overlap. Many of the companies in the
supply chain for one are in the supply
chain for the other, and Clark had been
serving aerospace customers for more
than a decade at that point.
“In the aerospace industry, everything
is custom, everything is low-volume, and
everything has to be right,” TenBrink said.
Does this compound the challenges in
fabricating a tube that meets aerospace
requirements? Not necessarily. Every
fabricator has a story or three about an
original equipment manufacturer (OEM)
that uses dimensions or tolerances that
are simply impossible to meet, but engineers in the aerospace industry tend to
be savvy about such things.
“They understand tolerances, and
they tend to tolerance each dimension
appropriately,” he said. “They don’t use
a one-size-fits-all approach for every di-
mension on a drawing.”
So far, so good, but how does the
fabricator or the contractor verify the di-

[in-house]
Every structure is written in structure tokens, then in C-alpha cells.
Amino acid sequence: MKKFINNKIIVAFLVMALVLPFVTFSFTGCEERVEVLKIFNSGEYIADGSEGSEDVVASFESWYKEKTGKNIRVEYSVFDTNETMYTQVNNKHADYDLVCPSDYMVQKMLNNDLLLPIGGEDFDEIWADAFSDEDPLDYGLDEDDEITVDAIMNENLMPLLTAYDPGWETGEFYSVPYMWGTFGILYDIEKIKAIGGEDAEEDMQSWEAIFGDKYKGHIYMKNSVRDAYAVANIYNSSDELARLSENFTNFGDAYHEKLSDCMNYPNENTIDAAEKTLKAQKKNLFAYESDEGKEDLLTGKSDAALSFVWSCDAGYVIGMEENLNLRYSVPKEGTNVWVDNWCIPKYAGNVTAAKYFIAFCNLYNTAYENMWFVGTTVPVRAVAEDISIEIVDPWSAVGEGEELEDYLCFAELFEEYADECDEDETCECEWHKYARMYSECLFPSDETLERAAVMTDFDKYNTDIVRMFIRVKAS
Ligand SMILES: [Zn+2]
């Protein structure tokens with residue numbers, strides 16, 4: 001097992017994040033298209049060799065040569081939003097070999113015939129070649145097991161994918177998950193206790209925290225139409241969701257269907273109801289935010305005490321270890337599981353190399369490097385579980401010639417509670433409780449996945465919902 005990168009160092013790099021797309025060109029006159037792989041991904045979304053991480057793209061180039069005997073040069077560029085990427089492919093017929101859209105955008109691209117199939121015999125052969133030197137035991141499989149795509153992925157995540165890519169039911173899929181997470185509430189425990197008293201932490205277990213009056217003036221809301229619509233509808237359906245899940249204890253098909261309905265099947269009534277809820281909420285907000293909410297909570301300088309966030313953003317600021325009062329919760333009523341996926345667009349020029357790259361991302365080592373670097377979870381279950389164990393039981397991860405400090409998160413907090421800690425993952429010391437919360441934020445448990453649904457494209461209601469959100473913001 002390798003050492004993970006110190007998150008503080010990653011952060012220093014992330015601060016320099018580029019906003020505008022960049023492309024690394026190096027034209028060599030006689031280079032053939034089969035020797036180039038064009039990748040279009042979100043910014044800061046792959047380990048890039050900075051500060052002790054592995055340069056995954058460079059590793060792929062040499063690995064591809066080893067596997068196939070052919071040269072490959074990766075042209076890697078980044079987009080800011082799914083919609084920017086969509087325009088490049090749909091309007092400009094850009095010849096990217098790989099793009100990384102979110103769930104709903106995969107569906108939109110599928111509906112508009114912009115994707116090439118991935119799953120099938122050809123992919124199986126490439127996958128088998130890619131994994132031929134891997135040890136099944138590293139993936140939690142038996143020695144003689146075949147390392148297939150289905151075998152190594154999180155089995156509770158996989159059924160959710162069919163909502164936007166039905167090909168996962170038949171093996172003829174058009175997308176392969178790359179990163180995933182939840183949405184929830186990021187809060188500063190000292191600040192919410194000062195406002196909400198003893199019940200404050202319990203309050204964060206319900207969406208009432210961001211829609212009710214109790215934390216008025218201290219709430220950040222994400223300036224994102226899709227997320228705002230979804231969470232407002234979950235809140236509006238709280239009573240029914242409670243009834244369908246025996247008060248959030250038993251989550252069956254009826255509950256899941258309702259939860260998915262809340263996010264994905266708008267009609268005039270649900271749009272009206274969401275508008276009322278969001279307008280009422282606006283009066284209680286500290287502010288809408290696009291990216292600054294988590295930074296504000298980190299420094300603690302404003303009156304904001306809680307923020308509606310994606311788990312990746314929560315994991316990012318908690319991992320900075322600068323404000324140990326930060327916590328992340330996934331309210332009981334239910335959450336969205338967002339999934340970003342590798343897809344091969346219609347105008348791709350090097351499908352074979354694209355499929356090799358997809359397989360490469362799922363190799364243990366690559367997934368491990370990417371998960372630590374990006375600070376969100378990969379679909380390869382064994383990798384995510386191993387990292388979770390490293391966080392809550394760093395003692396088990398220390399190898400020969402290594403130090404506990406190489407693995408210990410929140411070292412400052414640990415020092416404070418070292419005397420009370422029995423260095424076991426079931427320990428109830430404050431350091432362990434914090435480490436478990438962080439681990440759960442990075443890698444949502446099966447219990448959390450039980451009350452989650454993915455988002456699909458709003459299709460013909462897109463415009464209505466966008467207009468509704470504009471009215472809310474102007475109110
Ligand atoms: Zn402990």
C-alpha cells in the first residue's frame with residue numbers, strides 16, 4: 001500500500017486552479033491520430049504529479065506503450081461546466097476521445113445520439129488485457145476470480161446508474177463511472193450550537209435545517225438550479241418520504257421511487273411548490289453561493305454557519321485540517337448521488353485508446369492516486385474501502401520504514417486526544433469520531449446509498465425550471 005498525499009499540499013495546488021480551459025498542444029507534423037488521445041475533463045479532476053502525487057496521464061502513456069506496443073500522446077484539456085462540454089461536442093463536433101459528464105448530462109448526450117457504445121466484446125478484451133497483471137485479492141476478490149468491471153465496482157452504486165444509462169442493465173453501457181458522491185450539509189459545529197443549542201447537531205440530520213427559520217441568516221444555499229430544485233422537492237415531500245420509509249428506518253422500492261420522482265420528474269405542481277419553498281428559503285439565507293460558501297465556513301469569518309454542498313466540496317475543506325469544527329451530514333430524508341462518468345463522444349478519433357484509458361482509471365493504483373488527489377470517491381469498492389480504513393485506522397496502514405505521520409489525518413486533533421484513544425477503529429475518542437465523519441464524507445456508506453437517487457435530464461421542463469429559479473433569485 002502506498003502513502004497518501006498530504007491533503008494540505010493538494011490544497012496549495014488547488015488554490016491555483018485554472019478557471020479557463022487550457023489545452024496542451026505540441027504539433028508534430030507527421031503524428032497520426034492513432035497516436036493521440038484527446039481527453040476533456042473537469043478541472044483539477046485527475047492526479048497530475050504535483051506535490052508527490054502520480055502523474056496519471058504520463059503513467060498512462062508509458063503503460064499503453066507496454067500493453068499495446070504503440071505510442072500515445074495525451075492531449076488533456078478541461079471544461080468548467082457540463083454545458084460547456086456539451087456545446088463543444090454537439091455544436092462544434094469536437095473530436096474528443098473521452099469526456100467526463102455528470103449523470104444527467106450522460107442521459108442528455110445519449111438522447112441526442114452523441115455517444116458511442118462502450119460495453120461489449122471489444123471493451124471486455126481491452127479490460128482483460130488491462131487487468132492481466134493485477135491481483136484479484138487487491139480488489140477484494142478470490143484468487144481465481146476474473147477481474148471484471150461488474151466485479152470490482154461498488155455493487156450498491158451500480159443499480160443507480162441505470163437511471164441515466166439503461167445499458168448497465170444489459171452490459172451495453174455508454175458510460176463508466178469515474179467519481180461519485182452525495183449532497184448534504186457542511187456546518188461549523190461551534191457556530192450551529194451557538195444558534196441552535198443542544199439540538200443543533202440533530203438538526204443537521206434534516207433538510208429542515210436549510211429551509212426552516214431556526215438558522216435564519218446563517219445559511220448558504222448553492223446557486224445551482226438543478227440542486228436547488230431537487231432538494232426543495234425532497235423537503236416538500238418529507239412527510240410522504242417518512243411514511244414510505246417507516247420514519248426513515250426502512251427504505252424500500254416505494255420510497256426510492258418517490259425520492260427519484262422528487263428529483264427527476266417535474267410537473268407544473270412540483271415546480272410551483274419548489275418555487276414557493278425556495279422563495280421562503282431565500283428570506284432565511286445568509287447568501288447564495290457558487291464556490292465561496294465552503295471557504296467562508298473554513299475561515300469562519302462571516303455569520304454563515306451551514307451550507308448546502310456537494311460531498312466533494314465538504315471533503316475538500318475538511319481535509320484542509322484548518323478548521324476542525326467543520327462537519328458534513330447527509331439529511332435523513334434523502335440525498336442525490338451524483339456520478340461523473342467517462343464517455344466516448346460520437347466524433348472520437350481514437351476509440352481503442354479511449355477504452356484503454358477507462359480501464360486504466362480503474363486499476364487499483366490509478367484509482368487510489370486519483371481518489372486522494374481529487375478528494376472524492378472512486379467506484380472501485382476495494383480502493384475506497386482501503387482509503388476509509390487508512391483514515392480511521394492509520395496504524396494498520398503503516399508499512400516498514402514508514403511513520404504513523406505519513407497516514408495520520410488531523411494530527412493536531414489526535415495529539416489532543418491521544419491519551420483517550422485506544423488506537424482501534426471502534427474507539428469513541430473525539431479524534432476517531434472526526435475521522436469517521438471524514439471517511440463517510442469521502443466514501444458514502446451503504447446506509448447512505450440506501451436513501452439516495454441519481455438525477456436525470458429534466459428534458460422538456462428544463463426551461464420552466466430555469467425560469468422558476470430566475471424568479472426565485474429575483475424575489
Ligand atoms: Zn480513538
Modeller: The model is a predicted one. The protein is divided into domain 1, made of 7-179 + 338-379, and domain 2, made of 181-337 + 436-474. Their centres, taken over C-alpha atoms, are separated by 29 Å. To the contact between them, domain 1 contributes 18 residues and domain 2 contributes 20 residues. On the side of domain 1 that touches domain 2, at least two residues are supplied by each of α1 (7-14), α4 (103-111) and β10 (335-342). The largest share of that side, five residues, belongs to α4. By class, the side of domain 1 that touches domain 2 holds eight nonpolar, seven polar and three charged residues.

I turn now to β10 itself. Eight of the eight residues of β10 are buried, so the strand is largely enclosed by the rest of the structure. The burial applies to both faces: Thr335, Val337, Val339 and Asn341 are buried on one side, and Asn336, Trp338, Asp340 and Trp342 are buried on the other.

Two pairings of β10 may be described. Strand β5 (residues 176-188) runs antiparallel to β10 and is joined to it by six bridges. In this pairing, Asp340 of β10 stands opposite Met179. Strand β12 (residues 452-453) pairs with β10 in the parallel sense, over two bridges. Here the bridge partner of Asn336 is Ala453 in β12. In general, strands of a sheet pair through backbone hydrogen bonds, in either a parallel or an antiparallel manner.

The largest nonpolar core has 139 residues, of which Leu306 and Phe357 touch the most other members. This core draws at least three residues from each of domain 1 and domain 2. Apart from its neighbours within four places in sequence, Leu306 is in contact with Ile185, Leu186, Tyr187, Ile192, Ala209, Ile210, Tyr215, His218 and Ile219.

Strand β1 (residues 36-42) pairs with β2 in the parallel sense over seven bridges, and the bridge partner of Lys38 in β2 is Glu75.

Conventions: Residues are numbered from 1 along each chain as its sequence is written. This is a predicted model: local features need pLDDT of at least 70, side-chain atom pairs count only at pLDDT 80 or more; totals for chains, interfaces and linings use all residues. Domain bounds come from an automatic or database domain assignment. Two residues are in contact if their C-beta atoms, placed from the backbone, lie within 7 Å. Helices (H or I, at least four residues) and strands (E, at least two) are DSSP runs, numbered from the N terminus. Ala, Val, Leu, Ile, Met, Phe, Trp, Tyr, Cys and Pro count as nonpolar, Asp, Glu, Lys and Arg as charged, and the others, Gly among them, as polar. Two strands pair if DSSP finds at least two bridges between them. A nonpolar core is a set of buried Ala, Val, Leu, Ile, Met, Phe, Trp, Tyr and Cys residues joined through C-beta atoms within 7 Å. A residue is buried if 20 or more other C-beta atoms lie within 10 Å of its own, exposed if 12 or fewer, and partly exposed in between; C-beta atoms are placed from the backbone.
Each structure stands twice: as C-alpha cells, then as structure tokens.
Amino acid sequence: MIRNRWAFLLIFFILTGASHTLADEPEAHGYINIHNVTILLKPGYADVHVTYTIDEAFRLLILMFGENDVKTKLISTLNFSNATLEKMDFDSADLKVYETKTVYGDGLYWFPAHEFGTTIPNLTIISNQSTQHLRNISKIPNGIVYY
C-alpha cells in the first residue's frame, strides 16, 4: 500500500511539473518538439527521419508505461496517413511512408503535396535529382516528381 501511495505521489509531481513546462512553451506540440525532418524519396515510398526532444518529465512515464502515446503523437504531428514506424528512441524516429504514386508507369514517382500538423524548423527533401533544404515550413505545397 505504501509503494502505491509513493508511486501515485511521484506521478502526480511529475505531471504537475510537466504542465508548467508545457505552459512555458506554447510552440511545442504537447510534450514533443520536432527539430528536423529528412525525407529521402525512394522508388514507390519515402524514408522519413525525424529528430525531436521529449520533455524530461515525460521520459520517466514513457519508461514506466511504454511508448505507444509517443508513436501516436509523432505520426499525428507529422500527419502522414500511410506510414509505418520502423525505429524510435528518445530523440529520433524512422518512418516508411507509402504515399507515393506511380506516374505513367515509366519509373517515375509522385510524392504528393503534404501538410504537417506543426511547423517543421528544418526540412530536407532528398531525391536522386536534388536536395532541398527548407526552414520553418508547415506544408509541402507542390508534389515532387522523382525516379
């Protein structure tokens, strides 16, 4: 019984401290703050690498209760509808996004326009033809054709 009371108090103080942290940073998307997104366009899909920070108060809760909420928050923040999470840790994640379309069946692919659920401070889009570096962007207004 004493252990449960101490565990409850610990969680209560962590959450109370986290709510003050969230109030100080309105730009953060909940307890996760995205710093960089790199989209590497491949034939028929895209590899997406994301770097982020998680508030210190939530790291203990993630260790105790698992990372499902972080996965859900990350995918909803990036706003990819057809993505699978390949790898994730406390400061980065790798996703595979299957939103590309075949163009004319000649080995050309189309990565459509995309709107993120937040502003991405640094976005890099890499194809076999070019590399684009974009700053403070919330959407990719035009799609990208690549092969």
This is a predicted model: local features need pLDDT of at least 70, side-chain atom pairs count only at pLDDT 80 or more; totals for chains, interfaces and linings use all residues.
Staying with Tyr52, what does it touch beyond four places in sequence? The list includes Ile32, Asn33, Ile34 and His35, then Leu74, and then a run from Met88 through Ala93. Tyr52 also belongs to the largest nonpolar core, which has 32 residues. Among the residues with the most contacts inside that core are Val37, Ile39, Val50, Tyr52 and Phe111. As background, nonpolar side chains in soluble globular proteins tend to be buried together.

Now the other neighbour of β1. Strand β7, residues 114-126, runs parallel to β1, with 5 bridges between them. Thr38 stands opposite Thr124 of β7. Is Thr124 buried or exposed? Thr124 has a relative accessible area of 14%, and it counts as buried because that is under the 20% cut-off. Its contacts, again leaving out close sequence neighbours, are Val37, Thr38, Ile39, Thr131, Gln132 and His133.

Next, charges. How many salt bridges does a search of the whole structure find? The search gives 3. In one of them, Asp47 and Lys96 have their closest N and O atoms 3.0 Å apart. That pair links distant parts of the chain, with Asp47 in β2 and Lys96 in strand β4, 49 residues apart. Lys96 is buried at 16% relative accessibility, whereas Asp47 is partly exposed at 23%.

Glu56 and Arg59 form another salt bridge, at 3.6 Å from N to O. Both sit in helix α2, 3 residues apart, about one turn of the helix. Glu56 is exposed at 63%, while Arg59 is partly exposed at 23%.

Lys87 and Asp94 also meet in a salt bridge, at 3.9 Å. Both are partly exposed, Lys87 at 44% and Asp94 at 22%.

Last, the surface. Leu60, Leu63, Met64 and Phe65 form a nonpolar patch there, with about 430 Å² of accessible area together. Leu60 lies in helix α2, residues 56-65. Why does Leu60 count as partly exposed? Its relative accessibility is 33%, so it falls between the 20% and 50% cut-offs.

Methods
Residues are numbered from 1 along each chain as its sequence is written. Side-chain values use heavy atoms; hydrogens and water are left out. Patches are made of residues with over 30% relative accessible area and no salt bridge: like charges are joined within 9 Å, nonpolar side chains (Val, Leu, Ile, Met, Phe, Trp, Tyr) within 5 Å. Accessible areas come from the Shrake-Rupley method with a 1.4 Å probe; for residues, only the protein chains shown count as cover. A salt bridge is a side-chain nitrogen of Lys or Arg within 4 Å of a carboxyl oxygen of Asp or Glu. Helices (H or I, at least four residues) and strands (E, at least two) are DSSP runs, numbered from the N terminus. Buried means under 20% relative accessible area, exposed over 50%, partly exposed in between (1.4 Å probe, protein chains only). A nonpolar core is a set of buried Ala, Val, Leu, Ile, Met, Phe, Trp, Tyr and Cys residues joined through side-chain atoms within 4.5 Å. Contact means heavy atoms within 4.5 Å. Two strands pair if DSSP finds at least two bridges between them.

mensions on a manufactured part? Many
measurement tools are available, but it’s
a matter of matching the tool to the ap-
For many manufactured products,
checking dimensions in a few criti-
cal areas is sufficient, especially when
evaluating sheet metal components with
flat or gently contoured surfaces. Some
auto body parts, such as hoods and trunk
lids, are good examples. When evalu-
ating a symmetric part with a few fea-
tures, checking a few key dimensions
often is the most efficient way to go, and
the evaluation is thorough enough
for the application.
A tubular assembly doesn’t usually
have consistency or symmetry along its
surfaces; it has straight lengths, simple
and compound bends, fittings, weldments, and radiuses rather than flats.
A check fixture is a conventional tool for verifying that a bent tube or tubular assembly
conforms to the print. A check fixture also can accommodate tools or equipment for drilling holes, trimming the ends, or in this case, orbital welding.